Pamela So

Pamela So lives in North Ayrshire, Scotland, and participated in Light Work’s Artist-in-Residence program in October 2002.
Born1947
BirthplaceGlasgow, Scotland
GenderFemale
CitizenshipUnited Kingdom
Cultural HeritageBritish
Light Work RelationshipArtist-in-Residence, 2002
Light Work PublicationsContact Sheet 122

Artwork

Loading...

Essays

In October of 2002, Pamela So traveled from Scotland to start her Light Work residency in Syracuse, NY. It was her intent to examine American identity from the vantage point of being an outsider looking in. She decided to focus on using the representational power of the popular doll, Barbie. The result, embodied in the photographic series Barbie as Tatiana, explores the transgressive, recuperative possibility inherent in this most commodified of exports.

For over forty years, Barbie has perpetuated the myth of the American dream, sold to girls all around the world. Today, for young global consumers, she represents the single, unified, perfect image of American beauty. It is her white, anatomically impossible body and brash consumerism that they aspire to. Previous feminist critiques of Barbie being a global homogenizing force that commercially exploits a sexist body image must be re-evaluated.

Barbie as Tatiana toys with the tension between a globally recognized American icon and a distinctive local identity. The idea for Tatiana, the Russian waitress, originates from Little Odessa in Brooklyn, NY. The artist wishes to describe the unreality of this immigrant enclave and the contrary power it presents in what it means to be American today. She uses bright light and highly saturated colors to create photographs that resemble film stills from classic Hollywood cinema, the most seen and exported images of America.

Employing the advanced technology and equipment at Light Work, So produces a collection of photographs depicting an almost unreal suburban landscape in New York: sidewalk tables of the Tatiana Cafe, Brighton Beach and the Ferris wheel in the harsh autumn sun. Everywhere, Barbie's toothsome smile prevails and graces her milieu like a star. Stumbling upon a film set, the artist recreates the fantasy of Tatiana walking confidently into the technicolored mise-en-scene, probably into the making of another television or cinematic product bound for global consumption. The immigrant's identity is signified through stereotypical Russian decors, eclipsed by the all encompassing and perfect surroundings. The photographs force the viewers to question whether a working class immigrant waitress can be just as representative as the all-American girl, Barbie, and what an area like Little Odessa means in today's world order.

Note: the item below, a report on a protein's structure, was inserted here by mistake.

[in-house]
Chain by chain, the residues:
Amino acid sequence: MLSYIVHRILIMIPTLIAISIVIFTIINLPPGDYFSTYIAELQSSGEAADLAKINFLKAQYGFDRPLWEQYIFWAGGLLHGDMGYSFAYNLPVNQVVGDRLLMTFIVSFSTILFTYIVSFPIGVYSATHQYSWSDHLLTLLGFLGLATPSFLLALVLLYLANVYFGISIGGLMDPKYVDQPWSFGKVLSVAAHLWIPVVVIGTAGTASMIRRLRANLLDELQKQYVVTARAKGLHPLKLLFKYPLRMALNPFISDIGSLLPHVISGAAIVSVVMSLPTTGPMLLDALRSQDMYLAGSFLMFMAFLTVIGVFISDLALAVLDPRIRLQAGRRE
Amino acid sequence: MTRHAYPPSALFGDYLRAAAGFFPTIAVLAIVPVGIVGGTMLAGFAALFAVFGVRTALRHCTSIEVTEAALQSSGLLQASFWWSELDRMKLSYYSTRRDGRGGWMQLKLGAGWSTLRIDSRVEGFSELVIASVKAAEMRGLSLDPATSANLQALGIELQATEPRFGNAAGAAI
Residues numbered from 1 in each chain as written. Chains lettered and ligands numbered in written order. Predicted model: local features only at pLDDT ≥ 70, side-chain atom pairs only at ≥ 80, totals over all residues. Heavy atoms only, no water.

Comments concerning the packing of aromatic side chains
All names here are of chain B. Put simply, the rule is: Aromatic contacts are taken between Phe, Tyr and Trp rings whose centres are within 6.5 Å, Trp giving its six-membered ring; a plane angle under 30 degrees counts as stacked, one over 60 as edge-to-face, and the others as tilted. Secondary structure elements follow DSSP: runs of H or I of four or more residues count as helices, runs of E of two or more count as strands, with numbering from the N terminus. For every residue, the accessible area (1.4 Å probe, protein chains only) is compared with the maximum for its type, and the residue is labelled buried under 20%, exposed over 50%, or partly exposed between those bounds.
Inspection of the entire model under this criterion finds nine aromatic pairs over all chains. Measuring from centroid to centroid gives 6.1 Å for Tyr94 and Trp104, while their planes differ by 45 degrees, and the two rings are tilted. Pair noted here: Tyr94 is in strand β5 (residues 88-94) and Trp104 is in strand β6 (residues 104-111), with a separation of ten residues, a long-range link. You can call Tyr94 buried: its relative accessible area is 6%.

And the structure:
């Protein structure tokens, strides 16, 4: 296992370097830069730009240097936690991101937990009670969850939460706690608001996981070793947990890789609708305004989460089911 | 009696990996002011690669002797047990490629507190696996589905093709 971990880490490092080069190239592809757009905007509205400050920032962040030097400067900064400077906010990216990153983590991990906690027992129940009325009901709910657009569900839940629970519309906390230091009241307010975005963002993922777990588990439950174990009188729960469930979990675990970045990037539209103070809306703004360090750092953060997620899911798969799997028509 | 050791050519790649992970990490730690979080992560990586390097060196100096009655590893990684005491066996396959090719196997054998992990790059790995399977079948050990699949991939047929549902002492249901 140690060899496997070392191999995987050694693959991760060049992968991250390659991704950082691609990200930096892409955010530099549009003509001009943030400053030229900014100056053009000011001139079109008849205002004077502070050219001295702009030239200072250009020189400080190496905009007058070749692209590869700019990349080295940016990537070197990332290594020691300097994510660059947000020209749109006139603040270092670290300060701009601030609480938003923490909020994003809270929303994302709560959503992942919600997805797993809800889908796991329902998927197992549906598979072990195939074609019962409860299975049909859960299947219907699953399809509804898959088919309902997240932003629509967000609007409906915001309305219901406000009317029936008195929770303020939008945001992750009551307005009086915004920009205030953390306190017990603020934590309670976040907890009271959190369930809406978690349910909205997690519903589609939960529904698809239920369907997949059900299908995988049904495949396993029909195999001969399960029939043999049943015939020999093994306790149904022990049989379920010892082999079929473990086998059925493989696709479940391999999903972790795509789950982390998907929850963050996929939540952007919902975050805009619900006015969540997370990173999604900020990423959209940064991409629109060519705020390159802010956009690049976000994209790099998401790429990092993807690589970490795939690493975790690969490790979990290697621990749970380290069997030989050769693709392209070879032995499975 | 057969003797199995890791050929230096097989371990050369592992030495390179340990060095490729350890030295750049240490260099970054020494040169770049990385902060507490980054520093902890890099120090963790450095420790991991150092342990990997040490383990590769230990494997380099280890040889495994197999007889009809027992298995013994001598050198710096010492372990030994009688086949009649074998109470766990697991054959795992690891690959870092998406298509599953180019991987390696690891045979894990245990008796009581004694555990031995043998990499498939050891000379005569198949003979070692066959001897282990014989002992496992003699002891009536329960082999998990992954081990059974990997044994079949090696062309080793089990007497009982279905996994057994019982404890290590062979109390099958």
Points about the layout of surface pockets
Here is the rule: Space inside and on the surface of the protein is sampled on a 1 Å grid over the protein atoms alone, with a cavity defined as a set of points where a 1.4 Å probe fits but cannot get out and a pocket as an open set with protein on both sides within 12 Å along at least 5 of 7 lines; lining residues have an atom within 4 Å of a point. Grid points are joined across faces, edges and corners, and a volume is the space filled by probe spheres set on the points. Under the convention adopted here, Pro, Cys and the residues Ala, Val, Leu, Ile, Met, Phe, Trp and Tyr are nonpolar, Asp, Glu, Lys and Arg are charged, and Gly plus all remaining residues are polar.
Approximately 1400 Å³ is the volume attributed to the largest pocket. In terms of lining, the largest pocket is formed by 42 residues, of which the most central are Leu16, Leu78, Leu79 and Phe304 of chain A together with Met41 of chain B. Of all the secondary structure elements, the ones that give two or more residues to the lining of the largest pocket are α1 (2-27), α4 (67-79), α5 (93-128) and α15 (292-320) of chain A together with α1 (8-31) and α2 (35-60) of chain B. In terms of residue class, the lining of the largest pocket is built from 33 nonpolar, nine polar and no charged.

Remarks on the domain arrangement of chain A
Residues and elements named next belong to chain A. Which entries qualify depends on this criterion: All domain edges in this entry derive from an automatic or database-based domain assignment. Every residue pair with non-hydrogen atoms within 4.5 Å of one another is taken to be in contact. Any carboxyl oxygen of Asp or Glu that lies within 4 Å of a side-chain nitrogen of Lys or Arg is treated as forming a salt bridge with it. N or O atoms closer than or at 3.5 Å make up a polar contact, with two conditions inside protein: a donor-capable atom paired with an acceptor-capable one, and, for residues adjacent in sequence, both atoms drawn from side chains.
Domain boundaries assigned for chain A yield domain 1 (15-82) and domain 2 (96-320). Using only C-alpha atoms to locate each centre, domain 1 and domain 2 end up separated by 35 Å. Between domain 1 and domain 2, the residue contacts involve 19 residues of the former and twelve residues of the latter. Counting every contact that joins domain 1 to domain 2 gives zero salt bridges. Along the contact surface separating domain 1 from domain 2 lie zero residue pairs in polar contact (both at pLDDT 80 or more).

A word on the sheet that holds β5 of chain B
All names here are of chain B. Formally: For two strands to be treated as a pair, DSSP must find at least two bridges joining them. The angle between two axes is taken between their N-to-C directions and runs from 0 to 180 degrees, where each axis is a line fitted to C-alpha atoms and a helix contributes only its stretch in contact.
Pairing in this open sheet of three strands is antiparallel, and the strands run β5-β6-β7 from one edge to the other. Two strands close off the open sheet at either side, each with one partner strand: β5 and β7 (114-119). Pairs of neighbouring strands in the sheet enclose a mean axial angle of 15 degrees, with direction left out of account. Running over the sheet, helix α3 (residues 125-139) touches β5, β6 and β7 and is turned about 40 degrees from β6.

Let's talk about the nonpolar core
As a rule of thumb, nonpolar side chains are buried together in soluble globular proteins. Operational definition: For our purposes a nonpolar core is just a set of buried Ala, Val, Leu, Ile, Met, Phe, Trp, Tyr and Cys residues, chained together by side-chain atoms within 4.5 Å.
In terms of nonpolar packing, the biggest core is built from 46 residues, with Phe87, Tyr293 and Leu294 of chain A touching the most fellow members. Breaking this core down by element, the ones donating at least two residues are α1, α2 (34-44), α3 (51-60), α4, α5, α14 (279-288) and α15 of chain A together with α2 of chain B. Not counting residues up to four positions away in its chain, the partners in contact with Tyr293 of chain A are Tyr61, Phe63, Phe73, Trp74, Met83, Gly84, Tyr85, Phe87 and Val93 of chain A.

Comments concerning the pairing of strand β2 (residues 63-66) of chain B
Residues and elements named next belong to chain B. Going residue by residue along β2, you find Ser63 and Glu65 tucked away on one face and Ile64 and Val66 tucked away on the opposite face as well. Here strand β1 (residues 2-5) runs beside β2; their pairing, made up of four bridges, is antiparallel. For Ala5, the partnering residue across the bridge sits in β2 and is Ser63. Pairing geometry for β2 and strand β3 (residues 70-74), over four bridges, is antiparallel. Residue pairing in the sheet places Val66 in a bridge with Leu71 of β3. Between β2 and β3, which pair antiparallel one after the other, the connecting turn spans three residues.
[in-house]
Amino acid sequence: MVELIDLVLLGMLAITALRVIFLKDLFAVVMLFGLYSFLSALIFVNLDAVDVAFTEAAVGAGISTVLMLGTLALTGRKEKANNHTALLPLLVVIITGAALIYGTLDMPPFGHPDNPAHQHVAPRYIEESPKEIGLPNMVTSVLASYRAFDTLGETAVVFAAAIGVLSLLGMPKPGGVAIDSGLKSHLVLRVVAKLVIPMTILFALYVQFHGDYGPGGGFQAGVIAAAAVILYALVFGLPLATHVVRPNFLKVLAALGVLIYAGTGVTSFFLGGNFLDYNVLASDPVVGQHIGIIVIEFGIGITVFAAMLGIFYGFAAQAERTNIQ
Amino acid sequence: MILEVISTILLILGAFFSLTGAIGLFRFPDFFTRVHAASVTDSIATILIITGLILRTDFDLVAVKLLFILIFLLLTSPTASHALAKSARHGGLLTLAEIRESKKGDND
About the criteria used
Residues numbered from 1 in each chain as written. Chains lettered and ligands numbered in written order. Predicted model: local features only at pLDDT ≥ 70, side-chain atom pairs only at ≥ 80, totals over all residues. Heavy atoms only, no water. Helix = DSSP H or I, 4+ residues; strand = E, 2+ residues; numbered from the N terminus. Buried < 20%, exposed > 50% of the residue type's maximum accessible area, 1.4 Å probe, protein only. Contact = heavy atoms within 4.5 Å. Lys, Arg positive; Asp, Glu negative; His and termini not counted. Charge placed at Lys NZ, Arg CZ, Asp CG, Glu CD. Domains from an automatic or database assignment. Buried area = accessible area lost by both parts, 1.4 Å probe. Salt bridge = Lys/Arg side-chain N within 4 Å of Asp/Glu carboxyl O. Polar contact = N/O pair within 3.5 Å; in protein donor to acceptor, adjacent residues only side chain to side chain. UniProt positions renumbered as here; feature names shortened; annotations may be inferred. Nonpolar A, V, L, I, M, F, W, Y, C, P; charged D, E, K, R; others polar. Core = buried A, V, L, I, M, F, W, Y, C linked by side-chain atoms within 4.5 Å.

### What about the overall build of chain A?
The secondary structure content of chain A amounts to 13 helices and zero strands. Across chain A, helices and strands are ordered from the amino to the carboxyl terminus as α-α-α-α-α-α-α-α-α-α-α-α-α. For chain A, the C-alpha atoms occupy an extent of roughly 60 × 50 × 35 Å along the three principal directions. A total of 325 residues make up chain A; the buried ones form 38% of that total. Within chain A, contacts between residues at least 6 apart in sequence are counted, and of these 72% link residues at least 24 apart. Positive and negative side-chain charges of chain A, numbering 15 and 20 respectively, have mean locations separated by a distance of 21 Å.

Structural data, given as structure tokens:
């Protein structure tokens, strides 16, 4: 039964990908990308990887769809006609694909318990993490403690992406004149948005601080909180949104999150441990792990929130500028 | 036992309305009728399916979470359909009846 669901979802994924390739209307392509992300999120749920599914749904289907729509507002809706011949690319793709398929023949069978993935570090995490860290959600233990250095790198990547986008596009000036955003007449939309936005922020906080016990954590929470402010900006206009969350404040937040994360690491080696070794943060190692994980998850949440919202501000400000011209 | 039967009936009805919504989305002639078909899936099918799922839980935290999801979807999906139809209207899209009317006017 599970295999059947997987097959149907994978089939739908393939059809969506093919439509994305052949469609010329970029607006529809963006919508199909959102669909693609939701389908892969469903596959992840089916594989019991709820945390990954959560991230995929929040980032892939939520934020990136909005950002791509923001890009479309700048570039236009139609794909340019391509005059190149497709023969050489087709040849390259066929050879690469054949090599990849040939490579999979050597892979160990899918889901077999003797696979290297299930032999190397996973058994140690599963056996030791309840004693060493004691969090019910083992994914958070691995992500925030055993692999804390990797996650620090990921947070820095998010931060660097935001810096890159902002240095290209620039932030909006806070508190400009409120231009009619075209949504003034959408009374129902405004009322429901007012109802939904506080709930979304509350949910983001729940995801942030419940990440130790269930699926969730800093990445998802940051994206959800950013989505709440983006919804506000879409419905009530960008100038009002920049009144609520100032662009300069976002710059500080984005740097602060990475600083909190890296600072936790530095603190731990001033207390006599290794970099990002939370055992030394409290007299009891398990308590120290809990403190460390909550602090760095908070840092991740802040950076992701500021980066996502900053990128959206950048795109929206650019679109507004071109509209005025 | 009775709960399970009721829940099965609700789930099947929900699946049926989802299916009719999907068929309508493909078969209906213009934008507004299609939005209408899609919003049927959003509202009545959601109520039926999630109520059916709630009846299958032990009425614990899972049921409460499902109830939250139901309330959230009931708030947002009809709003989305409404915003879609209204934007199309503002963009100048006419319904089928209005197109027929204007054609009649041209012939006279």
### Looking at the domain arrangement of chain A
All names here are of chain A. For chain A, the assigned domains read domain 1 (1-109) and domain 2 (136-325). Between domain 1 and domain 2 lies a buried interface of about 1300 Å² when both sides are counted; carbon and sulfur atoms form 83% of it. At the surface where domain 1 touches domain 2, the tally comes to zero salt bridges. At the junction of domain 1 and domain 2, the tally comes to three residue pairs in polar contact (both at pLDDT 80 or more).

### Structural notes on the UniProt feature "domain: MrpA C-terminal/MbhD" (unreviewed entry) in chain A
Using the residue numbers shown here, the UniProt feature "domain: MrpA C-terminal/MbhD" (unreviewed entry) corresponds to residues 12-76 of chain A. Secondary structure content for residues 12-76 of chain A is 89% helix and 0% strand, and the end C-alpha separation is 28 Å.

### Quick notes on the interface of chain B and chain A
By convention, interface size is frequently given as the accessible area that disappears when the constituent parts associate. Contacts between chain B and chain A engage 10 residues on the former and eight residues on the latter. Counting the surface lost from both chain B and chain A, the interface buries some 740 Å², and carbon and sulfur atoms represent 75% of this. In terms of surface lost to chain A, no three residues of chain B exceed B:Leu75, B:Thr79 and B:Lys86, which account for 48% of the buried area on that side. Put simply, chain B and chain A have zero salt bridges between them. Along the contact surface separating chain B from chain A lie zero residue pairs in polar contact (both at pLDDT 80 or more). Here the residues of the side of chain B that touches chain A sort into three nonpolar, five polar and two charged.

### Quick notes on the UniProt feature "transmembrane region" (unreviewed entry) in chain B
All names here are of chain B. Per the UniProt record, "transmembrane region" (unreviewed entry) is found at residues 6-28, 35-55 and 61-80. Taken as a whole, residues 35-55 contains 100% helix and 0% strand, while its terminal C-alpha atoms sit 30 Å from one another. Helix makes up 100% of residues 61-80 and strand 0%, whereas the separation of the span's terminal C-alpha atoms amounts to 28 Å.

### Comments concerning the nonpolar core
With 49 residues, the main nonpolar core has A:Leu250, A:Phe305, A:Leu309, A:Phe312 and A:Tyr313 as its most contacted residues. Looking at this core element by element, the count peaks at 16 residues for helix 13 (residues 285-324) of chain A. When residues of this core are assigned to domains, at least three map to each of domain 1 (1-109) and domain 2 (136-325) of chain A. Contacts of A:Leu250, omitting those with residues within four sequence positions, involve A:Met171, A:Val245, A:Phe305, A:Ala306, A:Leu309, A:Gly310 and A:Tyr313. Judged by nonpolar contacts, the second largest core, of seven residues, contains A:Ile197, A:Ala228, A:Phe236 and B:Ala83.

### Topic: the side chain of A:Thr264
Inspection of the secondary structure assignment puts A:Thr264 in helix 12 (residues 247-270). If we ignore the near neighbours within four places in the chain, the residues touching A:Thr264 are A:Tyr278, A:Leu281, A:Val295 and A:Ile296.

The series reveals something paradoxical in the hyper-real quality of the American urban landscape and of Barbie as a twentieth century icon. Barbie's perfect, unachievable beauty is the epitome of the unreal. Her body is so out of proportion that someone with the same physicality would not be able to stand up. As such, Barbie, seemingly oozing bodily perfection, is in fact devoid of sexuality - a plastic mould. Part of So's inspiration for the photographic series comes from the many images of women in the media who look like Barbie dolls. Thus, she begins to search for the real women behind the masks of mediated pictures of physical perfection. Barbie is shown to be no more, and no less, a masquerade than the hyper-reality that has permeated our world today. As Burgin asks, "How, unconsciously, is a sense of history and identity derived from the environment of media images?" (1) So's views of America have been those derived almost entirely from global media. Hence, through Barbie as Tatiana, she questions the contemporary image of the United States to the rest of the world, veiled behind media representation and commodities.

So's creative search for her own place as a resident artist in Syracuse, and as a Scottish-Chinese woman in the United States, is displaced onto the most commodified of all artifacts. The use of dress-up dolls as metaphors for contemporary identity ambiguity has always been a source of inspiration for the artist. In her previous art work, Love and Abuse (2000) and Role Play (2001), a Chinese doll performs the many facets of her mixed cultural references, focusing on the experiences in traversing identity boundaries. In this series, Barbie's consistent, timeless American self is employed to contrast with today's elusive and fluid subject positions. Barbie as Tatiana challenges the binary conditions: childhood/adulthood, American/non-American, global/local, and reality/unreality.

The series highlights the transgressive and redemptive quality in Barbie dressing down and passing for a menial worker. This all-American glamour girl, who is usually so devoid of political concerns, is forced to connect with class and identity politics. This may well be the most successful interventional tactic yet. Barbie as Tatiana whets an appetite for greater artistic truth, a process of rediscovering what lies behind contemporary global media and consumption.

Wing-Fai Leung (c)2003

(1) Burgin, Victor, In/Different Spaces: Place and Memory in Visual Culture (University of California Press, 1996), p. 211.

Images by Pamela So may be viewed at her website at http://www.pamelaso.co.uk/